Ordination of Women and Abuses of Priests Print
By Hadley Arkes   
Tuesday, 15 March 2011

The complaint was pressed on me in January at a wedding in the exurbs of Pennsylvania. I was doing one of the readings and that office was shared also by an urbane woman of middle years, an accomplished artist, mother of three children in their twenties. She had been raised a Catholic, but she had detached herself from the Church. She was obviously generous and loving, and too decorous to set out for me the grounds of her defection from the Church. But at dinner something did break though, as a complaint and challenge. 

She recalled an article in the Guardian, the British publication, reporting on an announcement last July from the Vatican, a restatement of “grave crimes” in the Church. And what sparked her indignation was the news that, in this restatement of Catholic teaching, those people who engaged in the ordination of women were put on the same plane as priests who engaged in the sexual abuse of children.

The ordination of women was something she regarded as an eminently plausible and legitimate state of affairs. The argument cast up in resistance to women as priests she evidently regarded not only as wrong, but as a corrupted understanding, revealing a demeaning view of women.

I had not had the chance yet to see the documents that had drawn her ire, but my guess, as I told her, is that she was looking at the problem with a lens and an angle strikingly different from that of the Church. And in that guess, I think I was proved quite right. On July 15, the Congregation for the Doctrine of Faith issued a restatement on grave crimes (gravioribus delictis). Fr. Lombardi, the head of the Vatican press office, sought to explain the restatement in a manner that should have put things in their rightful place. Zenit, the news agency concentrating on the Vatican, offered this account: “In addition to norms regarding priests who sexually abuse minors, the revision clarifies crimes against the Eucharist, the sacraments of confession and holy orders, and crimes against the faith.” 


       Subject to excommunication . . .

Anyone who pretended to ordain a woman as a priest, or any woman receiving that supposed ordination, would be subject to excommunication. The sexual abuse of children would also be regarded now as one of those grave crimes against the Church. But when the two offenses are brought together in this way, within the same scheme, the meaning should become plainer: The object is not to denigrate the concern for women; it is rather to put the wrong of sexual abuse on a higher plane of gravity, involving a deep wrong against the faith.

Looking with a different lens, one may not see that the ordaining of women is bound up with the meaning of the Eucharist and a “sacrament.” As Aquinas argued, the very point of a sacrament is that it is supposed to represent something real, that the quality of a sacrament is enhanced as it bears a closer, natural resemblance, to the thing being represented. And what is being represented here has a striking presence in the economy of nature as a man. The priest stands in place of Jesus.        

In this vein I did a piece once for Crisis magazine on “Jackie Robinson and the Ordination of Women.” It began with a trivia quiz: In the movie biographies of baseball stars, James Stewart played Monty Stratton of the White Sox, and Dan Dailey played Dizzy Dean. Who played Jackie Robinson? Answer: Jackie himself, for there were no black leading men in Hollywood in 1952. But Lena Horne was there. Why not do it in cross-gender as directors these days do Shakespeare? That could not be done, you see, because Jackie Robinson really was a male and there was a need to be faithful to the Jackie Robinson story.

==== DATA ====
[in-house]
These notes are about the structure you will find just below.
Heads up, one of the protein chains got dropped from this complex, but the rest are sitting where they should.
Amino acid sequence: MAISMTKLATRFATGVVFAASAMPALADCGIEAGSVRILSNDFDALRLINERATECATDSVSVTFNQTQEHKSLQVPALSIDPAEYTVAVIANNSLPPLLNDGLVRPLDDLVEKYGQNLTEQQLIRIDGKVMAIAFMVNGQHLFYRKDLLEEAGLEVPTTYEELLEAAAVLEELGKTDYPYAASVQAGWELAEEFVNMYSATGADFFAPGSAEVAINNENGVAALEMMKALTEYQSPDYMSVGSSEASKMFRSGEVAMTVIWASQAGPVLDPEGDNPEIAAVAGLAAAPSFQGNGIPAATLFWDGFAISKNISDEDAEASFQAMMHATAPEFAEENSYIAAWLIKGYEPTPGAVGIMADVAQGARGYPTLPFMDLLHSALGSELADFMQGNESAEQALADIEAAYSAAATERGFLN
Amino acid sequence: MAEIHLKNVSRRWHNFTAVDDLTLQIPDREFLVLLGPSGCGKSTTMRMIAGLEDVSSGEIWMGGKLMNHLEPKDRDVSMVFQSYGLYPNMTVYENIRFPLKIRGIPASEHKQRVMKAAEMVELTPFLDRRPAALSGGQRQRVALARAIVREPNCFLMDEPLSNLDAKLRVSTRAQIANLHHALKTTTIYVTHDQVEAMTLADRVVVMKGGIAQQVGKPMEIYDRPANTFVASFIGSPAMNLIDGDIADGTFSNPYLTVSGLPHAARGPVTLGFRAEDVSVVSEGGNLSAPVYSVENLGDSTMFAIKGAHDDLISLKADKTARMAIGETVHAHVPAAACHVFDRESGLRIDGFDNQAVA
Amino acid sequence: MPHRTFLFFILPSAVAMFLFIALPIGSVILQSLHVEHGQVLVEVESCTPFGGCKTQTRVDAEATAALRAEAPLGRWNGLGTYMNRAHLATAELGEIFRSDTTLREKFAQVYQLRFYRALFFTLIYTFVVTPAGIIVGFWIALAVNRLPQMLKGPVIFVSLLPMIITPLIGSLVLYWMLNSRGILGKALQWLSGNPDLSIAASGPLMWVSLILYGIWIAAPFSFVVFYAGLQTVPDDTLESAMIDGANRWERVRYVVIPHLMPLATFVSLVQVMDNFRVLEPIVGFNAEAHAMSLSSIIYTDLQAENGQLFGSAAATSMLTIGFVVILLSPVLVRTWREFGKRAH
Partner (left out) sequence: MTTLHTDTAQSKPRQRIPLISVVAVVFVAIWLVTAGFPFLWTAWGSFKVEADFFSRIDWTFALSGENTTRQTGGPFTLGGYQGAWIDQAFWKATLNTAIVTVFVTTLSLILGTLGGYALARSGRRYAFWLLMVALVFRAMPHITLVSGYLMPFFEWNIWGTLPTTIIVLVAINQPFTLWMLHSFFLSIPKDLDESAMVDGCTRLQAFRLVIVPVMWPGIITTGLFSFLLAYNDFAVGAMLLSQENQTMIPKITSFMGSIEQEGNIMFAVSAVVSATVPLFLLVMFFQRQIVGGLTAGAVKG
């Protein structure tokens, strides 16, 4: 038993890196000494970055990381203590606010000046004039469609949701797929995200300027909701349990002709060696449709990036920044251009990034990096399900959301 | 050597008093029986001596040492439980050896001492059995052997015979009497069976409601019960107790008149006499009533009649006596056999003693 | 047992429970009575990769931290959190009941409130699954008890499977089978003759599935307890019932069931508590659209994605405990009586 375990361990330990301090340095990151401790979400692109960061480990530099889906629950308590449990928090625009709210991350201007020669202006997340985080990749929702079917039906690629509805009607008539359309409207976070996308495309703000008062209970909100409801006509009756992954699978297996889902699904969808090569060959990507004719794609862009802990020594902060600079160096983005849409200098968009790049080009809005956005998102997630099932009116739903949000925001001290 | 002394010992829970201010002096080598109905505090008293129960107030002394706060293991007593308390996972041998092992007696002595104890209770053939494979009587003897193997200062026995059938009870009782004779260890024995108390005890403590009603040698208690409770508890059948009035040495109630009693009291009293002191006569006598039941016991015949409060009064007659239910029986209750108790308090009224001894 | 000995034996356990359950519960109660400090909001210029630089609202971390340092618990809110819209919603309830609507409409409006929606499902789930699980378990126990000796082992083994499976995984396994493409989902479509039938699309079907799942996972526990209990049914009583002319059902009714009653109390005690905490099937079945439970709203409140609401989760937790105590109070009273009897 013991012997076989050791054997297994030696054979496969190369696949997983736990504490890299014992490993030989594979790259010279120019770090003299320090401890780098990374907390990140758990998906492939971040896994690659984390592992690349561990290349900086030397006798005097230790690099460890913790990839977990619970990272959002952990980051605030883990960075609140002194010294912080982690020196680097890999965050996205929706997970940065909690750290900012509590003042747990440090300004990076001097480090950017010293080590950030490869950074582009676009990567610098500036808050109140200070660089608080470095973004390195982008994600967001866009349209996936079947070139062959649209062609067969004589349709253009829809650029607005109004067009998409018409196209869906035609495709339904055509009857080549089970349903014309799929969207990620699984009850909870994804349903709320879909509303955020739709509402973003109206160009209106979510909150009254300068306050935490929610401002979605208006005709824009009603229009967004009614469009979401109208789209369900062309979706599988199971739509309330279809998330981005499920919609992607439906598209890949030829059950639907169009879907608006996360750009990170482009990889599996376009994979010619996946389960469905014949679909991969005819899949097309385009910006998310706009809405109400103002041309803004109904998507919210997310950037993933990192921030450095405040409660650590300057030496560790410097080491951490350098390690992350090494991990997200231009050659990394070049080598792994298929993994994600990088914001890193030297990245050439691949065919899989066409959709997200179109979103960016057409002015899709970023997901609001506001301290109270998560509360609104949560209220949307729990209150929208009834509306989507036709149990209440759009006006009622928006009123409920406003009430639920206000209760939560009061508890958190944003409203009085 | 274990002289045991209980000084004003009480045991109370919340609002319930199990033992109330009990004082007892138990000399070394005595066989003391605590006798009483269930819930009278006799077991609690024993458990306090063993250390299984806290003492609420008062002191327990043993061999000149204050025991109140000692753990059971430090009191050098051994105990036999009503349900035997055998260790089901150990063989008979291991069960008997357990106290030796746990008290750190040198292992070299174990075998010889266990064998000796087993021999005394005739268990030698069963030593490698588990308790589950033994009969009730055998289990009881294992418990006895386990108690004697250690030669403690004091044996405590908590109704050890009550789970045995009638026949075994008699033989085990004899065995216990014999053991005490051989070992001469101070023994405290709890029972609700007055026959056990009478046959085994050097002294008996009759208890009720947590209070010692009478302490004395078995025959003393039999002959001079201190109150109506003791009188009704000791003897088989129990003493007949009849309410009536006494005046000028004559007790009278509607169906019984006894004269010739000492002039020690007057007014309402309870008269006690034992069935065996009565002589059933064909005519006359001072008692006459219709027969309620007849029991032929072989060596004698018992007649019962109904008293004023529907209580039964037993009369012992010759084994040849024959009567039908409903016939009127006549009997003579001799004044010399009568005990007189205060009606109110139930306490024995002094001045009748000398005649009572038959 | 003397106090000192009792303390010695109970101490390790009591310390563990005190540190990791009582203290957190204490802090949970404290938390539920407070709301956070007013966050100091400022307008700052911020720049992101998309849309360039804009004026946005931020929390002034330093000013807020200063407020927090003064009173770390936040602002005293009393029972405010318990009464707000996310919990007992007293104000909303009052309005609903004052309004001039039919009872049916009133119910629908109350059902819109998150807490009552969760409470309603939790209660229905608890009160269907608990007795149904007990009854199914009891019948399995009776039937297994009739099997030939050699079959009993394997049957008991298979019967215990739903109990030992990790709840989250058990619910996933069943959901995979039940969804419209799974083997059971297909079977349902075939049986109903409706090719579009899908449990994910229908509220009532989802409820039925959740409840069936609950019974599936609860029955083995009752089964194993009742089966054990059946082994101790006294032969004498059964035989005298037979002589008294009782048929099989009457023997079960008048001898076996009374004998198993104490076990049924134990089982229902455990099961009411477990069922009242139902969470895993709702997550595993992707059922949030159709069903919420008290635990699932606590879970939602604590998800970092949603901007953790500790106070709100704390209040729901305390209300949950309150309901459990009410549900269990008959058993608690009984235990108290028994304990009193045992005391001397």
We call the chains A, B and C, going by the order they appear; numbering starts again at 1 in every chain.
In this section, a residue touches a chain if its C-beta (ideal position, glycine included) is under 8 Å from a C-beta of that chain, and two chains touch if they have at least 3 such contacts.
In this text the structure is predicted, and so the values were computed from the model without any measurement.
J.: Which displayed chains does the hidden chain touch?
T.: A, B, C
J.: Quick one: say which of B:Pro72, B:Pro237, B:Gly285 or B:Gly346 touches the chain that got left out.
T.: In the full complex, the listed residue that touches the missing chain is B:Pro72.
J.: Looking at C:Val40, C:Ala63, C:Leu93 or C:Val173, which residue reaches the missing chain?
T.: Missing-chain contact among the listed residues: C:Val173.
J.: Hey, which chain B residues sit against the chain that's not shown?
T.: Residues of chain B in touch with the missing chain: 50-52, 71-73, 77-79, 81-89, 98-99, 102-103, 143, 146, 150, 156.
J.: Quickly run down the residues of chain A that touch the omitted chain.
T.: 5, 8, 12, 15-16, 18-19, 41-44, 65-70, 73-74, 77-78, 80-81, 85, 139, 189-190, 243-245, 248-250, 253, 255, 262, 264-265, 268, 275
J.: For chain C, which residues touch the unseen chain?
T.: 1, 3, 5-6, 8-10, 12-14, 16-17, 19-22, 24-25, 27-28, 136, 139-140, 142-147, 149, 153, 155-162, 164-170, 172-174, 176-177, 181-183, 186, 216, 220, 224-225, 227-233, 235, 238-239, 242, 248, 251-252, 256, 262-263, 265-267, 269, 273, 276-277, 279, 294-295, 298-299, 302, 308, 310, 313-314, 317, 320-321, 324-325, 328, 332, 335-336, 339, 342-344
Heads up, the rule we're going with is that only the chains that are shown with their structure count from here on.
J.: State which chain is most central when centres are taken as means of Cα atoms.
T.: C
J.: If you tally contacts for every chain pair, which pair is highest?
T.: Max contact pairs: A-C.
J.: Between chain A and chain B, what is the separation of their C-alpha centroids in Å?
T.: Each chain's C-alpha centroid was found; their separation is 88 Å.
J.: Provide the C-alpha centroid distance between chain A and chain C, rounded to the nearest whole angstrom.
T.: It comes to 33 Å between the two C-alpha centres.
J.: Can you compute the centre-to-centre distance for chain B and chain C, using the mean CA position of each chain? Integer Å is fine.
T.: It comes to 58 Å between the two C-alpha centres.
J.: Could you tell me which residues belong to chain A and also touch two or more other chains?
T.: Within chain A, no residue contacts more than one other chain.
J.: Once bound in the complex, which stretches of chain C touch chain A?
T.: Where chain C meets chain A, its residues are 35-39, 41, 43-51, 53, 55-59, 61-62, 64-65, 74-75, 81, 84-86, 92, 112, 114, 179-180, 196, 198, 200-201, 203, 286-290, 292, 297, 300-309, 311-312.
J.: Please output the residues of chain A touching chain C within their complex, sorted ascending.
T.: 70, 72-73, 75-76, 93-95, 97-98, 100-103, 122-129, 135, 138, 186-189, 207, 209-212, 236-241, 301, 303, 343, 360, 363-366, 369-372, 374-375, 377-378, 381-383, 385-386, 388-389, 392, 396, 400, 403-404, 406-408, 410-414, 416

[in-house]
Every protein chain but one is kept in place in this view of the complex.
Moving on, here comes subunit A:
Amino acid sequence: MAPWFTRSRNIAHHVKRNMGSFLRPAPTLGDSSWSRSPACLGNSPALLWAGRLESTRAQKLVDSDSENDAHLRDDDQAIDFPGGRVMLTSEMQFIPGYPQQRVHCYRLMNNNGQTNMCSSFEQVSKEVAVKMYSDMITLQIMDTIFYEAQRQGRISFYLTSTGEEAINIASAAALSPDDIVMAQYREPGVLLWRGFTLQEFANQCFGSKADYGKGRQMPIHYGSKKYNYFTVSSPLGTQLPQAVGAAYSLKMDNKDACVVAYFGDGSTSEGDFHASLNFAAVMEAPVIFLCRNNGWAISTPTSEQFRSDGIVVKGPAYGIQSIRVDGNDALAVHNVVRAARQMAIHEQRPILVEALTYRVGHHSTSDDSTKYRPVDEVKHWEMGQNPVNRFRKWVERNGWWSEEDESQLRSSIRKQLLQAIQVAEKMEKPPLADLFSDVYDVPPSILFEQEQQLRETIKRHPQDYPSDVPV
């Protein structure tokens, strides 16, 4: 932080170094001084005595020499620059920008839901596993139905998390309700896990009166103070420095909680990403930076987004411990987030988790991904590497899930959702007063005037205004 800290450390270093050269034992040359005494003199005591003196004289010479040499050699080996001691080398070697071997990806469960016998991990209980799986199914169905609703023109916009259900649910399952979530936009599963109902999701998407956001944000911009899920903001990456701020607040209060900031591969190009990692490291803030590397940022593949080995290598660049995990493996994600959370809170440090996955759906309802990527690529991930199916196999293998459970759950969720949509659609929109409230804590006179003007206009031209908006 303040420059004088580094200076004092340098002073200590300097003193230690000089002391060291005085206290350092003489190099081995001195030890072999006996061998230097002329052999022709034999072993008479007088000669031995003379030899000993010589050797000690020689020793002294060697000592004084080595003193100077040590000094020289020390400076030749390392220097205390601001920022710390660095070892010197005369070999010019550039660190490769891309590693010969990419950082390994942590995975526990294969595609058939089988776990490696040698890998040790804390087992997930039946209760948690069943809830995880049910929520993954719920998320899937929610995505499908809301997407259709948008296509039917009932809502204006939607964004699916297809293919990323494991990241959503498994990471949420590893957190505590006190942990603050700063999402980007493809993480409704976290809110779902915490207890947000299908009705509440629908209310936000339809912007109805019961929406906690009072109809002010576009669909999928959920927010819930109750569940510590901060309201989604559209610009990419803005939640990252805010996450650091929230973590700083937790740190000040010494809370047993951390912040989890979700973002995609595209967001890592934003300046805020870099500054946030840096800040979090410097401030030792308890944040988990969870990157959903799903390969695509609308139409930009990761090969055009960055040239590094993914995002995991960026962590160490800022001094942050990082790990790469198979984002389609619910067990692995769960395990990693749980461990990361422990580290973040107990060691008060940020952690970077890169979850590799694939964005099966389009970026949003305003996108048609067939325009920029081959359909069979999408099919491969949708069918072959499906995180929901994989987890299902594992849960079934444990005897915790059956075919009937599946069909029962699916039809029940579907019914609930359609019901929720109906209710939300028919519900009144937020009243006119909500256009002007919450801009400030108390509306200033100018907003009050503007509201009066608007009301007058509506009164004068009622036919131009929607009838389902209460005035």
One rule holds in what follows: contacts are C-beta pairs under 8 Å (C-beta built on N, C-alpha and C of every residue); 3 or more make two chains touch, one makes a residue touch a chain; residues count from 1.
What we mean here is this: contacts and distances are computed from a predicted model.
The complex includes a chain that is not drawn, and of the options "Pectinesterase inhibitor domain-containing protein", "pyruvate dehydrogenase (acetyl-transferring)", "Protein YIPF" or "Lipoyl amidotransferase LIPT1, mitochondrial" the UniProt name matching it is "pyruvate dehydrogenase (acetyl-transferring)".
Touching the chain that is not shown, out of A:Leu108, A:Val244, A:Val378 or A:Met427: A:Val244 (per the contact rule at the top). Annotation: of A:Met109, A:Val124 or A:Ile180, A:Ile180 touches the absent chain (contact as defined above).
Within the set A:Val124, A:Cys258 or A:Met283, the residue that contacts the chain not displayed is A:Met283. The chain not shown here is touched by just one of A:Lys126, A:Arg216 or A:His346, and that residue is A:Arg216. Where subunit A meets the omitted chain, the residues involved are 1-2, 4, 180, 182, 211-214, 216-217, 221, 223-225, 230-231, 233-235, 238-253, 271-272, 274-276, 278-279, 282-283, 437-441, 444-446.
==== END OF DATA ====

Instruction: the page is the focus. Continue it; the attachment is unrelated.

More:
Lest we forget, the matter of representation with the Eucharist is bound up as well with the logic of the Incarnation: If God came in human form, God could not have come as a hermaphrodite. “Male and female created He them.” God had to come as one thing or the other. 

But of course, within the scheme of the Church, no male stands higher than Mary. And as Cardinal Saper sought to explain in the 1970s (“On the Admission of Women to the Priesthood”) women such as Saint Clare and Saint Teresa of Avila were founders of new orders, and others, like Saint Catherine of Siena left writings so rich that these women have been elevated to doctors of the Church. And what this recognized was that there were simply different functions: the fact that men served as priests, in doing the kinds of things that Jesus would do in service, did not indicate that they bore some power of their own. Theirs was to be a derivative power, inviting the power truly wielded by another.

In New York, the new Archbishop, Timothy Dolan, caught the precise sense of the matter in the restatement from the Vatican: “The offenses listed – child abuse, use of child pornography, and abuse of a mentally disabled adult – now carry the weight of the most serious of crimes against the very heart of the Church.” It was not, again, that the place of women was being lowered. But rather, the deep infidelity of priests was being raised now, as a wrong that went to the core of Catholic teaching.


Hadley Arkes is the Ney Professor of Jurisprudence at Amherst College. His most recent book is Constitutional Illusions & Anchoring Truths: The Touchstone of the Natural Law

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